In other cases it may be necessary to consider the right to privacy and reputation conferred by s 13 of the Charter of Human Rights and Responsibilities and, along with it, the effect of s 32 of the Charter on the interpretation of s 42 of the Act.

Yeah, well, in other cases – and in this case, for that matter – it might have been appropriate to consider Charter s 15 too, don’t you reckon? Derryn Hinch would undoubtedly say that Charter s 17 is worth a look too. But, boy, it’s not looking good for his challenge, is it?

Tilley v The Queen [2008] HCA 58: And, in what appears to be the [EDIT: second- [RE-EDIT: fourth!]] last Charter case of the year, it’s the first one that isn’t in a Victorian court or tribunal, though I guess Kenneth Hayne is still a Victorian of sorts. Not that he went easy on his former court. He was livid that convicted heroin trafficker, Peter Tilley, had to wait almost two years before he got an appeal hearing in the Court of Appeal, and then an astonishing further year before the Court delivered a judgment. (One of Tilley’s co-conspirators (ahem) completed his life sentence during that interlude!) Tilley was now seeking special leave in the High Court because the Court of Appeal, despite spending so long in contemplation, apparently forgot to consider some of his appeal grounds. Before Hayne, he argued that he had only one year left of his five-year non-parole period and an appellate success after that would be pointless unless he got bail. That triggered one half of a High Court precedent on bail pending special leave, but alas Hayne held that Tilley failed the other half, which required that the special leave application had a good chance of succeeding. Anyway, in the midst of Hayne’s raking the Court of Appeal over the coals, he said this:

It is neither necessary nor appropriate to examine here what, if any, consequences now follow in Victoria in this respect from s 25 of the Charter of Human Rights and Responsibilities Act 2006 (Vic) and its provision that: “(2) A person charged with a criminal offence is entitled without discrimination to the following minimum guarantees – … (c) to be tried without unreasonable delay”.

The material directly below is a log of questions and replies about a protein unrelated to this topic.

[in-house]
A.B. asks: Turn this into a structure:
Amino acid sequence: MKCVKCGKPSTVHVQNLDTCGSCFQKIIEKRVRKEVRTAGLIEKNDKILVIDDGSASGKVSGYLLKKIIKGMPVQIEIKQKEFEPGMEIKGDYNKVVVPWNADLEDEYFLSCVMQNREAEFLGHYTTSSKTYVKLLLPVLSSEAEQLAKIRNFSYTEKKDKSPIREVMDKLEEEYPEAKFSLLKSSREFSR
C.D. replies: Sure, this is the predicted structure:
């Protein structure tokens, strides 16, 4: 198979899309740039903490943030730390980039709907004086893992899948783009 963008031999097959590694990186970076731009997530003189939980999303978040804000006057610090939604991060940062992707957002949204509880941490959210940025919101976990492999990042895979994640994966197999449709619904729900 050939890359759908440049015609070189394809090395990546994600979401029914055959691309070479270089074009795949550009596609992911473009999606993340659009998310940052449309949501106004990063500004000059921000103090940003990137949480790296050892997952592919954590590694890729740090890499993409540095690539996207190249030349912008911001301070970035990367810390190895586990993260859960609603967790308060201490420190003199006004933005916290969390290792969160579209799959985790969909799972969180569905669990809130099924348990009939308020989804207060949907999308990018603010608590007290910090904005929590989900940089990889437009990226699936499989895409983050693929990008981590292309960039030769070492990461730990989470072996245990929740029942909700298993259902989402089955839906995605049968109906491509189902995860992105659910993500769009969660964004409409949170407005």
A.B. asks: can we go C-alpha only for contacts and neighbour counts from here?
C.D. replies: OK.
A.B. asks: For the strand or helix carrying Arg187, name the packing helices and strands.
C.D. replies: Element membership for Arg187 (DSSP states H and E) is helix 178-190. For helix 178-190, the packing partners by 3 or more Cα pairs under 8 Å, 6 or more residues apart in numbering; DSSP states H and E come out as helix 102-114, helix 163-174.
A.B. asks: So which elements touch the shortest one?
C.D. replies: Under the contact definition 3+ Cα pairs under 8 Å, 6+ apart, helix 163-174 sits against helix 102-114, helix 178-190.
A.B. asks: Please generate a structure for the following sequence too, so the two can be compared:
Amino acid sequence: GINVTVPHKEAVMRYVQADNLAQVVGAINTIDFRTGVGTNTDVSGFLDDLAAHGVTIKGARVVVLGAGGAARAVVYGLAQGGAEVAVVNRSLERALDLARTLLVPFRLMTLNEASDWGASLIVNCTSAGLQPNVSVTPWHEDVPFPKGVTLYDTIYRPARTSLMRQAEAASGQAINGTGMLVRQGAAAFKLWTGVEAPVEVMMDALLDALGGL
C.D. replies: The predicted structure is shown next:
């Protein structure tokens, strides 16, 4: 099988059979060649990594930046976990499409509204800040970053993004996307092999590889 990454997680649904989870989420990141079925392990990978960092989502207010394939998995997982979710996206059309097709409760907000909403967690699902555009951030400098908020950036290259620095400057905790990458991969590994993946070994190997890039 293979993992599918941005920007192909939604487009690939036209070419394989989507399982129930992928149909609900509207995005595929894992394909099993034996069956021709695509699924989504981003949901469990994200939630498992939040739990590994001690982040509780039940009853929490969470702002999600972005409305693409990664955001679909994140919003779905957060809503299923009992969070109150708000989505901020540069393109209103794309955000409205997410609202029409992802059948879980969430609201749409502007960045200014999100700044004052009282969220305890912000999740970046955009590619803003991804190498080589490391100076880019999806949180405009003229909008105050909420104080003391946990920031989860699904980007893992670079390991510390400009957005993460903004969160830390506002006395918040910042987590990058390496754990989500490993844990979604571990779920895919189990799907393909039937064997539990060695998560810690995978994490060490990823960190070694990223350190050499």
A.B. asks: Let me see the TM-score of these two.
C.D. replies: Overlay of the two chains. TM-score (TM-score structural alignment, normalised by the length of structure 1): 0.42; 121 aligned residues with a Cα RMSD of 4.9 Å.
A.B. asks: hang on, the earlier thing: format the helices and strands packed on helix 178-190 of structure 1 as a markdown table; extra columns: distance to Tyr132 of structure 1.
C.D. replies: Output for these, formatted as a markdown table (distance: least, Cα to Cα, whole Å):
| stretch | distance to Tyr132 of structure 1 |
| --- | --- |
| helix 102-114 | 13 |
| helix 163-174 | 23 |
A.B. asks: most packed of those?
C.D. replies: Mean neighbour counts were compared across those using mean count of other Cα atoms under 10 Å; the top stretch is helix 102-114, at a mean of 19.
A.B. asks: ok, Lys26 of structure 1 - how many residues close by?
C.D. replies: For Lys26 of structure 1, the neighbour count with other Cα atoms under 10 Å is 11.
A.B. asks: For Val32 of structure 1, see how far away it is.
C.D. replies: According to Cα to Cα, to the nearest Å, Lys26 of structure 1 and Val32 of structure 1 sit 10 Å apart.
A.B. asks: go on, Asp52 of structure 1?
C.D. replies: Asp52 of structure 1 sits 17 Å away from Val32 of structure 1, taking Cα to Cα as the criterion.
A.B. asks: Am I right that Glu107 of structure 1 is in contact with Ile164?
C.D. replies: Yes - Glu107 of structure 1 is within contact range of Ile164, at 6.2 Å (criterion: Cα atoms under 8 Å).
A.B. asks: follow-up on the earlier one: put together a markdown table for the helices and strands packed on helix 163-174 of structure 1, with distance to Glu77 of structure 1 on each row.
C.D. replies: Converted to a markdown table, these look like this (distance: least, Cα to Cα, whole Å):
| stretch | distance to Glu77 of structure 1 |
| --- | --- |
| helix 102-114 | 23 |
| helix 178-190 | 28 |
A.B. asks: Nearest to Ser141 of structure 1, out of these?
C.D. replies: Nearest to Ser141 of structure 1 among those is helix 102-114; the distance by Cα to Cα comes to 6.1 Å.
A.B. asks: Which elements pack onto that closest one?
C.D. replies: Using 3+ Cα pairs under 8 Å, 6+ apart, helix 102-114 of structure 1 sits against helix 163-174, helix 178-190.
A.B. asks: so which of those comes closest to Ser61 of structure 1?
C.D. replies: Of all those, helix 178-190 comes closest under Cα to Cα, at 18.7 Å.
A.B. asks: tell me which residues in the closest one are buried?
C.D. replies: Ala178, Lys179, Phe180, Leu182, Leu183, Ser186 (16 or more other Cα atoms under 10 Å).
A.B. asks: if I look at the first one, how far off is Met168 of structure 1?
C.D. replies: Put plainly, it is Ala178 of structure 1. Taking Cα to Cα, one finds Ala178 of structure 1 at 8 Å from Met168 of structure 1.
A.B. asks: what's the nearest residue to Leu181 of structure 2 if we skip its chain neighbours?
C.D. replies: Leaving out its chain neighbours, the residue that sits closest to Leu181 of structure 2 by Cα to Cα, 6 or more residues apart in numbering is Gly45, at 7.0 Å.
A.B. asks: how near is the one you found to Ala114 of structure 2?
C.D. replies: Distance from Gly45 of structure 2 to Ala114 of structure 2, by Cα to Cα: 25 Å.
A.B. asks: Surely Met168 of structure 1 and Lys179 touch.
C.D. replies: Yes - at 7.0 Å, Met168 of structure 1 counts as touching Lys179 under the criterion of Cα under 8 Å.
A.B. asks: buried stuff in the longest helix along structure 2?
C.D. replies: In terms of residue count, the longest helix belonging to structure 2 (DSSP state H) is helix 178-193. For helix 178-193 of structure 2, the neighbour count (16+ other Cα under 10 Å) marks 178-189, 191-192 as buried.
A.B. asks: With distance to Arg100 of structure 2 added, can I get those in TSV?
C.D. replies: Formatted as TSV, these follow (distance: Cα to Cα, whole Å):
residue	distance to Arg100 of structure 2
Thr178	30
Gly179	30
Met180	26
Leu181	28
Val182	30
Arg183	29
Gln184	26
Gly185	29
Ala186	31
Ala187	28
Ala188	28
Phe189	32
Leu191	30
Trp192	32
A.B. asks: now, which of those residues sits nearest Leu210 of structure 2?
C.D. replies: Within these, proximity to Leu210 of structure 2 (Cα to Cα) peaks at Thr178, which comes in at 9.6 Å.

Nice to know he’s heard of the Charter. But why wasn’t it necessary or appropriate to actually apply the thing? Two explanations: (1) Charter s. 49(2), the bane of all ‘unreasonable delay’ cases for now. Tilley, of course, was charged yonks ago, but there would seem to be an argument that his proceedings before Hayne were separate from his criminal proceedings. (This makes a mockery of Charter s. 49(2), of course, but it deserves that.) (2) The High Court wasn’t exercising appellate jurisdiction (which might involve reviewing whether or not the Court of Appeal should have applied the Charter during the appeal) but original jurisdiction (and, in particular, s73 of the Constitution, which is the source of the High Court’s bail power.) So, no Charter s. 32 (the constitution isn’t a Victorian statutory provision), no Charter s. 38 (the High Court isn’t a public authority) and no Charter s. 6(2)(b) (the High Court isn’t a Victorian court or tribunal), right? Well, maybe. But what about the Judiciary Act and, in particular, this provision?:

79(1) The laws of each State or Territory, including the laws relating to procedure, evidence, and the competency of witnesses, shall, except as otherwise provided by the Constitution or the laws of the Commonwealth, be binding on all Courts exercising federal jurisdiction in that State or Territory in all cases to which they are applicable.

Now, I certainly know very little about federal jurisdiction – Gummow: ‘I just felt a disturbance in the force!’ – and it may well be that this provision doesn’t bind the High Court exercising original jurisdiction. But, on the off-chance that it does, then wouldn’t it be arguable that Charter s. 25(2)(c) is a law ‘relating to procedure’ and that one or other of the operative provisions – Charter s. 6(2)(b) perhaps – is picked up by s79 in applications like Tilley’s? (As I understand things, this pick-up can even apply to state laws expressed to apply only to Victorian courts.)  And might that mean that Hayne has to rethink that rather restrictive High Court precedent on bail, to the extent that it limits Tilley’s rights under Charter s. 25(2)(c)? Just some crazy speculation, but maybe someone else is smoking what I’m smoking. [EDIT: Hey, someone was, but the Federal Court and the High Court didn’t inhale; interpretation is probably the least likely operative provision to be picked up, I imagine.] Not Hayne though, but he did give Tilley a little help, expediting his (doomed) special leave application.